spaceSpace and Physics

Following Latest Review, NASA's New Deep Space Rocket Should Launch In 2019


Dr. Alfredo Carpineti

Senior Staff Writer & Space Correspondent

clockNov 9 2017, 16:21 UTC

What the SLS will look like on the launchpad. NASA

NASA has released the complete review of the first launch of its new Space Launch System (SLS) which, once launched, will be the most powerful rocket in the world. The first mission, known as Exploration Mission-1 (EM-1), won't be crewed and is expected to launch in December 2019.

The review followed an earlier assessment which looked at the costs, risks, and technical factors of the mission. The construction of such a complex vehicle had to overcome several challenges and there were worries that constructions might bring forth severe delays, as well as issues with the European module, and damages to the agency’s Michoud Assembly Facility in New Orleans which was hit by a tornado.


“While the review of the possible manufacturing and production schedule risks indicate a launch date of June 2020, the agency is managing to December 2019,” acting NASA Administrator Robert Lightfoot said in a statement. “Since several of the key risks identified have not been actually realized, we are able to put in place mitigation strategies for those risks to protect the December 2019 date.”  

If the 2019 launch date is respected, both the SLS and the ground system would be within the agency's original baseline budget commitment. A launch in 2020 won’t change the cost significantly for the SLS but will increase the one for the ground system. NASA is already planning and budgeting for the second Exploration Mission and is gearing up for a third.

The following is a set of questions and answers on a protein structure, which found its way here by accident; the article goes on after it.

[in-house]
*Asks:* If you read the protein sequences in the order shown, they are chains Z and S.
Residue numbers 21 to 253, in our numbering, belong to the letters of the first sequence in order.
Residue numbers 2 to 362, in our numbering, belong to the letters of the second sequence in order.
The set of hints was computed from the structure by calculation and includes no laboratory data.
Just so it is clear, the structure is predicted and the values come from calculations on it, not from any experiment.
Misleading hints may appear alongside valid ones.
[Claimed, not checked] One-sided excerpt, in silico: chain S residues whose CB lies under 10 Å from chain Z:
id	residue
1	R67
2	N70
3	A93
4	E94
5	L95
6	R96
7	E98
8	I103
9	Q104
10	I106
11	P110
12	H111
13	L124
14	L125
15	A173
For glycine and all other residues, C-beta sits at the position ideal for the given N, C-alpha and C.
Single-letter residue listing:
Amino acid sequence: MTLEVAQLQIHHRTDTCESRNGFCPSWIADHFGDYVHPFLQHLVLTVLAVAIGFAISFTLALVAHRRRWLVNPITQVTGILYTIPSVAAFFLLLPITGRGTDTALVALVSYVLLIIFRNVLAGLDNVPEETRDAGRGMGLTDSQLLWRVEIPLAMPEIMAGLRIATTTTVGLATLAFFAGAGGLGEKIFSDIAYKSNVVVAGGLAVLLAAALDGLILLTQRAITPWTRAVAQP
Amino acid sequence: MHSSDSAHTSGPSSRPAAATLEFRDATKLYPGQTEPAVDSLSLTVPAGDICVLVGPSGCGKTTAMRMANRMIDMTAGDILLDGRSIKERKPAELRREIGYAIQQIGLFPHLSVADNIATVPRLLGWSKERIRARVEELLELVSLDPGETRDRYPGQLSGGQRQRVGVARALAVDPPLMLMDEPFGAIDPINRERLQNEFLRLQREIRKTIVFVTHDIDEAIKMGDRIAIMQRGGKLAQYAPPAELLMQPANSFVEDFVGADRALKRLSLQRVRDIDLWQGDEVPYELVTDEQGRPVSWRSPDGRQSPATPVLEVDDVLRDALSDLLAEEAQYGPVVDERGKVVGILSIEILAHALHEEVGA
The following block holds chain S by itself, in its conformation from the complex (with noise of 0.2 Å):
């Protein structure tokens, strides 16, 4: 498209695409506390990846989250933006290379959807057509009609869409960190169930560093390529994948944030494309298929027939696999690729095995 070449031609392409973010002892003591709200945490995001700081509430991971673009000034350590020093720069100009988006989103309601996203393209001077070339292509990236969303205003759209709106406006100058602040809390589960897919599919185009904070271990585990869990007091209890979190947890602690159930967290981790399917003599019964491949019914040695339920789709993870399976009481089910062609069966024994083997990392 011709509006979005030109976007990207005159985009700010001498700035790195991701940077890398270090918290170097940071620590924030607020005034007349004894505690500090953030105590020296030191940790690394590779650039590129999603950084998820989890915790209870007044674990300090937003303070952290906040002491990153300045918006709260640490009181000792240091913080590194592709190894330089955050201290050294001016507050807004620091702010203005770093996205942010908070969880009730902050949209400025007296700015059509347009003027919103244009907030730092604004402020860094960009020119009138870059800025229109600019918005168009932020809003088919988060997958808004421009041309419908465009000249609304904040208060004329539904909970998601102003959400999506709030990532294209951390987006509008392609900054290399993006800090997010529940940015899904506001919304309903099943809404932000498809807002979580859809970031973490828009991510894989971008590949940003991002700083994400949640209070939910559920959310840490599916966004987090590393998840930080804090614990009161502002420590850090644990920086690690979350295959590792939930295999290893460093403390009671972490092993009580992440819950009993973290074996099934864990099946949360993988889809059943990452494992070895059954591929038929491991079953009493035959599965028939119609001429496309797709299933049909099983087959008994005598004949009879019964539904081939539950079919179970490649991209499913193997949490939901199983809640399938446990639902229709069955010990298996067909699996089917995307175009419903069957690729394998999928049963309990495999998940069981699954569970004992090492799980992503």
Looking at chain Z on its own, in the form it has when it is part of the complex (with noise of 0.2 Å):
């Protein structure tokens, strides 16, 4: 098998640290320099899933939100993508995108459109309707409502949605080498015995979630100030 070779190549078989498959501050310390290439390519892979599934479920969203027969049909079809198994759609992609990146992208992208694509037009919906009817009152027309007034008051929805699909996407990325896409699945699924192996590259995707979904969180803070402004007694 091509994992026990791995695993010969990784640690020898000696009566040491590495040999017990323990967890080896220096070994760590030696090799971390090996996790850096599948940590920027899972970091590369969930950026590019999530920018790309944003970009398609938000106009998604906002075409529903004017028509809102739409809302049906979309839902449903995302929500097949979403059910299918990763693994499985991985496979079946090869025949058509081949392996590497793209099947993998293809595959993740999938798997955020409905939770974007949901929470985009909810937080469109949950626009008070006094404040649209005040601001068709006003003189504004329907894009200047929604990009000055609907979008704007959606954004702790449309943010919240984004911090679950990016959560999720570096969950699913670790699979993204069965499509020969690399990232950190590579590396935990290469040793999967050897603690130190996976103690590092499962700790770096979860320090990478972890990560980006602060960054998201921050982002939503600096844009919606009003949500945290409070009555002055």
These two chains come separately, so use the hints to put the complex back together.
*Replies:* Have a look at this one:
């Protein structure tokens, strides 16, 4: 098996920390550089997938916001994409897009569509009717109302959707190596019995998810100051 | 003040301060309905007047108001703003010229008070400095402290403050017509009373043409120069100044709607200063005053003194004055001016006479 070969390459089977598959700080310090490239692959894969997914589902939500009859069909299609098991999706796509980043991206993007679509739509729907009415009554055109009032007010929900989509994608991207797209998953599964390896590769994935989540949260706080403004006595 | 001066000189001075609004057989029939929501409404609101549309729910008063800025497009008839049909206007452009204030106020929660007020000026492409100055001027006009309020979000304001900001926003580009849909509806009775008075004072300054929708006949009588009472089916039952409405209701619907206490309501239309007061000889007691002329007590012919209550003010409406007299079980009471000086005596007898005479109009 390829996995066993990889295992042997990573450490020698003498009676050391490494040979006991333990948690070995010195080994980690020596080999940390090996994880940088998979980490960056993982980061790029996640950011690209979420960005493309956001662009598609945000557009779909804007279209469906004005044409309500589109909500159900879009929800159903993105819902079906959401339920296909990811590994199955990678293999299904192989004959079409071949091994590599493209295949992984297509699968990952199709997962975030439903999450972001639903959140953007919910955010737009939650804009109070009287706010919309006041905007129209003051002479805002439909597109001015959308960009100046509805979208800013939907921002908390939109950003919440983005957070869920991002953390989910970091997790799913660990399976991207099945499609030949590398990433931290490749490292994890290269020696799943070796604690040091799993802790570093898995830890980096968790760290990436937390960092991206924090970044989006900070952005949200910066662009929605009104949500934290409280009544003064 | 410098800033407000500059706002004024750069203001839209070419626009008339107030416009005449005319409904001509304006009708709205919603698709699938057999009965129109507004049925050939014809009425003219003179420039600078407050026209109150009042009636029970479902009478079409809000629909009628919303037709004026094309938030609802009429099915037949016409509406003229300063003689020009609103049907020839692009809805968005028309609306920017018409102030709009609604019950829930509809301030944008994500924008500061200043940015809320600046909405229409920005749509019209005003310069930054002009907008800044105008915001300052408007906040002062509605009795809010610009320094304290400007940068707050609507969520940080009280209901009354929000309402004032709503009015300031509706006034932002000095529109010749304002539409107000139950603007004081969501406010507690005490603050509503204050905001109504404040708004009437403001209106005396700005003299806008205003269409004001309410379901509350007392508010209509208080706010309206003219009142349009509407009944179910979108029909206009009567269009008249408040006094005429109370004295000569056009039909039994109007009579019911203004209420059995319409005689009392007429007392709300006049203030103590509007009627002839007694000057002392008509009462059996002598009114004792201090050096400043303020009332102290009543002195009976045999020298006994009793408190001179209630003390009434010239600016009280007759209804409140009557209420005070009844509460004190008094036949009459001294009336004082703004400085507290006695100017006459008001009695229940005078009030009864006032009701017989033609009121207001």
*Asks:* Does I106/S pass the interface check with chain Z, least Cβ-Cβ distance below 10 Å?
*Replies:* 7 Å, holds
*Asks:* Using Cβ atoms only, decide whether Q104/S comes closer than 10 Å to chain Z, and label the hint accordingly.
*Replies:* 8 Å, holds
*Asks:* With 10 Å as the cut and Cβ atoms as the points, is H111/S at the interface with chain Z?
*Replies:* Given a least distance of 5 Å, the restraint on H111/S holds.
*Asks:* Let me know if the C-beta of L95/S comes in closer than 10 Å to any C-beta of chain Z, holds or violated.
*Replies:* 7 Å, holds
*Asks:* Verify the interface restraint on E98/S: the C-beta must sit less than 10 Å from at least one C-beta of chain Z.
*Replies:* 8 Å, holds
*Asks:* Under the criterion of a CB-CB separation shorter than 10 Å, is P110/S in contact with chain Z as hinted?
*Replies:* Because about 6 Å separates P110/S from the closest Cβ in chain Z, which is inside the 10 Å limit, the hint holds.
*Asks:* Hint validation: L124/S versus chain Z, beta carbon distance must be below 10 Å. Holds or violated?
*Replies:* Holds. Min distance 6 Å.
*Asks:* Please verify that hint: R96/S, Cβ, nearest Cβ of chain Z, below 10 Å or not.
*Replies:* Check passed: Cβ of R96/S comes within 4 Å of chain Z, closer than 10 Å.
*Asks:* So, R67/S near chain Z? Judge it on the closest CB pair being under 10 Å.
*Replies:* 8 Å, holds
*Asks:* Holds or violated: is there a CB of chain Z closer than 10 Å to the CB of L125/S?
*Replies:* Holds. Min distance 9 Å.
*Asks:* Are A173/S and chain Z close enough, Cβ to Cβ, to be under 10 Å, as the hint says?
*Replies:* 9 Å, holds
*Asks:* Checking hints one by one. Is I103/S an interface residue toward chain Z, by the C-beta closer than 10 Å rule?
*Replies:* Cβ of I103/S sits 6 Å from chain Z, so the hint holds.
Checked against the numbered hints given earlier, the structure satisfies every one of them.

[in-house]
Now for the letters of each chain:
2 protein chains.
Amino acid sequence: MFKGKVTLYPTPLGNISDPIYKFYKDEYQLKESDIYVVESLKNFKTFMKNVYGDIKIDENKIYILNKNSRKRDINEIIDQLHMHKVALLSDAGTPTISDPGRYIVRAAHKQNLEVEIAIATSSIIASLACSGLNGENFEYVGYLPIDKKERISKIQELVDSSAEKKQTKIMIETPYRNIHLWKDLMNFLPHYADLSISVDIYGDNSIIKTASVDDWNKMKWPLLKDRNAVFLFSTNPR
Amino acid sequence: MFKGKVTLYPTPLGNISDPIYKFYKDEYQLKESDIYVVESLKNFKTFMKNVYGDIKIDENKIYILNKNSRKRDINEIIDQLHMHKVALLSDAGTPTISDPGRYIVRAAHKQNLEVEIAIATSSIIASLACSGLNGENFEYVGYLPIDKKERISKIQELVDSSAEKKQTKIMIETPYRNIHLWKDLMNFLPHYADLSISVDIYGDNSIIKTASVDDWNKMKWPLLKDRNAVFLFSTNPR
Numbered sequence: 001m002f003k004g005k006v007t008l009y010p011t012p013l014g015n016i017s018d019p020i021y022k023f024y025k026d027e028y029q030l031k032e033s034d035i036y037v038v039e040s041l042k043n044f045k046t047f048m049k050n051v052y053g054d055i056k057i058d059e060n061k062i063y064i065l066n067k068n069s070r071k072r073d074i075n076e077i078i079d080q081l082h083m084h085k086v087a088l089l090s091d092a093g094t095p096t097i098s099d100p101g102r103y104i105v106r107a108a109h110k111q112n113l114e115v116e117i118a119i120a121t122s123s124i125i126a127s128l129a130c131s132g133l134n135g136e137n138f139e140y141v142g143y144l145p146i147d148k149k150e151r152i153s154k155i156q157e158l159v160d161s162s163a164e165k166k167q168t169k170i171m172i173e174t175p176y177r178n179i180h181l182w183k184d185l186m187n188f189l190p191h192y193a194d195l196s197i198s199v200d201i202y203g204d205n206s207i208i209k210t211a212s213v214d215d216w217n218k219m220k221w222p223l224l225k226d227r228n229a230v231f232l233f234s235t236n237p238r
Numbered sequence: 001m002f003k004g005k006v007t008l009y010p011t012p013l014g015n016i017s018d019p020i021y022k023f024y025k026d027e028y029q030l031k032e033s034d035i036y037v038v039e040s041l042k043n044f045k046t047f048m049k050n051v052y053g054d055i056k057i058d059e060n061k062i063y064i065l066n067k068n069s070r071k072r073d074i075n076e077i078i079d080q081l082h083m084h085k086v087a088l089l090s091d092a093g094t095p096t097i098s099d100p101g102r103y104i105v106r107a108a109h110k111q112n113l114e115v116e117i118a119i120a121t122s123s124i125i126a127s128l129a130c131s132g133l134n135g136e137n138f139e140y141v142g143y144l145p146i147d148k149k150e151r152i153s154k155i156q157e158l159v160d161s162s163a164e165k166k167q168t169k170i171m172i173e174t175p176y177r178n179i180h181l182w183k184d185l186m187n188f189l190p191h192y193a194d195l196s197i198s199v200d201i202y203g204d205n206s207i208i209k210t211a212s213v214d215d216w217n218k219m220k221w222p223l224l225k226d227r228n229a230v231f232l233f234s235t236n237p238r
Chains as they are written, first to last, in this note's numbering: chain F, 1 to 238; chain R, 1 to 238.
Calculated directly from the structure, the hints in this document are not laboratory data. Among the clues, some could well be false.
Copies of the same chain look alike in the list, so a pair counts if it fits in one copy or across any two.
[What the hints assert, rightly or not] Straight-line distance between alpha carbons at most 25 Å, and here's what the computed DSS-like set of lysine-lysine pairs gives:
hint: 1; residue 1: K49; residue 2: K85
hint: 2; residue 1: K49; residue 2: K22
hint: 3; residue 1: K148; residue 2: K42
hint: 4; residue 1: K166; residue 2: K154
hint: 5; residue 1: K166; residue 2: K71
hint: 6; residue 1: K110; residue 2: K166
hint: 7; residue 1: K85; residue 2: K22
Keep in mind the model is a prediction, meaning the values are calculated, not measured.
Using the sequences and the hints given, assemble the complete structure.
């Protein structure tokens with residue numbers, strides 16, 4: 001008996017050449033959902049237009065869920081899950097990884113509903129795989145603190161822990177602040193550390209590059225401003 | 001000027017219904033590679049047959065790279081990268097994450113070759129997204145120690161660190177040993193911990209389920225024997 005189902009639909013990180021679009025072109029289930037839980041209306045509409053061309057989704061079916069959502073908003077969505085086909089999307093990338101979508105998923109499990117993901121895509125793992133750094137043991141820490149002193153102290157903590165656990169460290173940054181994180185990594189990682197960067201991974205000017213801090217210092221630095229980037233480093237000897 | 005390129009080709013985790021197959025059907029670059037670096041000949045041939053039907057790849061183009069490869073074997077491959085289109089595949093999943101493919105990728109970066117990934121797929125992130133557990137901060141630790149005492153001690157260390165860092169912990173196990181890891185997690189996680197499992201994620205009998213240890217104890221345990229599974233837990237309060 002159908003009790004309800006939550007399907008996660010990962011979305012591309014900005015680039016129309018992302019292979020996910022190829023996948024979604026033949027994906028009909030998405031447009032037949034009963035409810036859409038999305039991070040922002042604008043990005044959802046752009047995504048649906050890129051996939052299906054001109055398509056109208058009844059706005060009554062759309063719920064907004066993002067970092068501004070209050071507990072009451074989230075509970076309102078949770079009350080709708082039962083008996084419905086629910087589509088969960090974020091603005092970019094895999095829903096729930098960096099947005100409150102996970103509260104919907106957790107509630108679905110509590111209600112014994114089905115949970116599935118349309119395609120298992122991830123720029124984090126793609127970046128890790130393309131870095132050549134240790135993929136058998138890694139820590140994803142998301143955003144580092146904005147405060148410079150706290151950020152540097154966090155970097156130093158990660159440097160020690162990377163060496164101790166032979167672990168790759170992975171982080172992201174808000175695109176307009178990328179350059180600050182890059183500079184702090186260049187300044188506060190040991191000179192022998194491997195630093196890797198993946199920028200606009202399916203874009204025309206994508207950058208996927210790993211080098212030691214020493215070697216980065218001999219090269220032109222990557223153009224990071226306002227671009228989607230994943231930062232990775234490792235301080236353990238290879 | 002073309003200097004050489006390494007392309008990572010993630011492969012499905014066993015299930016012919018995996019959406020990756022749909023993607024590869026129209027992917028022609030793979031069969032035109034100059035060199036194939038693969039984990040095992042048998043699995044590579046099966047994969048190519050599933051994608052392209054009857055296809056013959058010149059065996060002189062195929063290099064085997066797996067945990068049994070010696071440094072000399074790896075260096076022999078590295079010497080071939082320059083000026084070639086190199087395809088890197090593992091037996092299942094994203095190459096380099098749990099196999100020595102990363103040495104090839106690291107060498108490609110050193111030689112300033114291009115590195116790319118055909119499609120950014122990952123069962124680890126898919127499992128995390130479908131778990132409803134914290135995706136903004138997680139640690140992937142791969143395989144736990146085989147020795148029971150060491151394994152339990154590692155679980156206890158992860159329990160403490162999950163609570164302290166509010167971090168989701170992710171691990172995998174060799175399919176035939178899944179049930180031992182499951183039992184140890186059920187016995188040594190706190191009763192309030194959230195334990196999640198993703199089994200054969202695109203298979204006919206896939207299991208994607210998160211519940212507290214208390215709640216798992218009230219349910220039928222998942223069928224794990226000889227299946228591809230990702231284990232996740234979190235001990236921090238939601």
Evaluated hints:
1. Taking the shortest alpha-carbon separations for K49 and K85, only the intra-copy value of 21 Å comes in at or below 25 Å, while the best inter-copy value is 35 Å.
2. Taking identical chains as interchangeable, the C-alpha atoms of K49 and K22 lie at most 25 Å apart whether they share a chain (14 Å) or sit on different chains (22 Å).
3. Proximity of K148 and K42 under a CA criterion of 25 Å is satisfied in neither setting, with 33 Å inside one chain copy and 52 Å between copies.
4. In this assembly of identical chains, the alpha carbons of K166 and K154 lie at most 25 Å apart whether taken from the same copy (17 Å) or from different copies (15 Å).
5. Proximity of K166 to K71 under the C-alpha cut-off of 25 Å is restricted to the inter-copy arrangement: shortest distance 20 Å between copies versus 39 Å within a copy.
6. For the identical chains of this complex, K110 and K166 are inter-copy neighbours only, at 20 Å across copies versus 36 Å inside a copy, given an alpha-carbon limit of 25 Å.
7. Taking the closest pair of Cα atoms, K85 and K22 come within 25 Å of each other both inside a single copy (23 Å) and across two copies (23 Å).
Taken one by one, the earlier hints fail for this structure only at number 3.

This will be the first integrated launch for the full system as it will also include the Orion capsule, which will carry astronauts in future missions. The EM-1 will still have to achieve the necessary safety requirements for having people on board. In fact, according to the review, NASA will move the launch abort system to April 2019. This test will confirm that if something goes wrong during launch, the crew module should be able to fly to safety.

“Hardware progress continues every day for the early flights of SLS and Orion. EM-1 will mark a significant achievement for NASA, and our nation’s future of human deep space exploration,” said William Gerstenmaier, associate administrator for NASA’s Human Exploration and Operations Mission Directorate in Washington. “Our investments in SLS and Orion will take us to the Moon and beyond, advancing American leadership in space.”


The EM-1 will allow the Orion module to spend three weeks in space including a six-day retrograde orbit around the Moon. The lessons learned from EM-1 will be used in the first crewed mission which is slated to happen in 2023.

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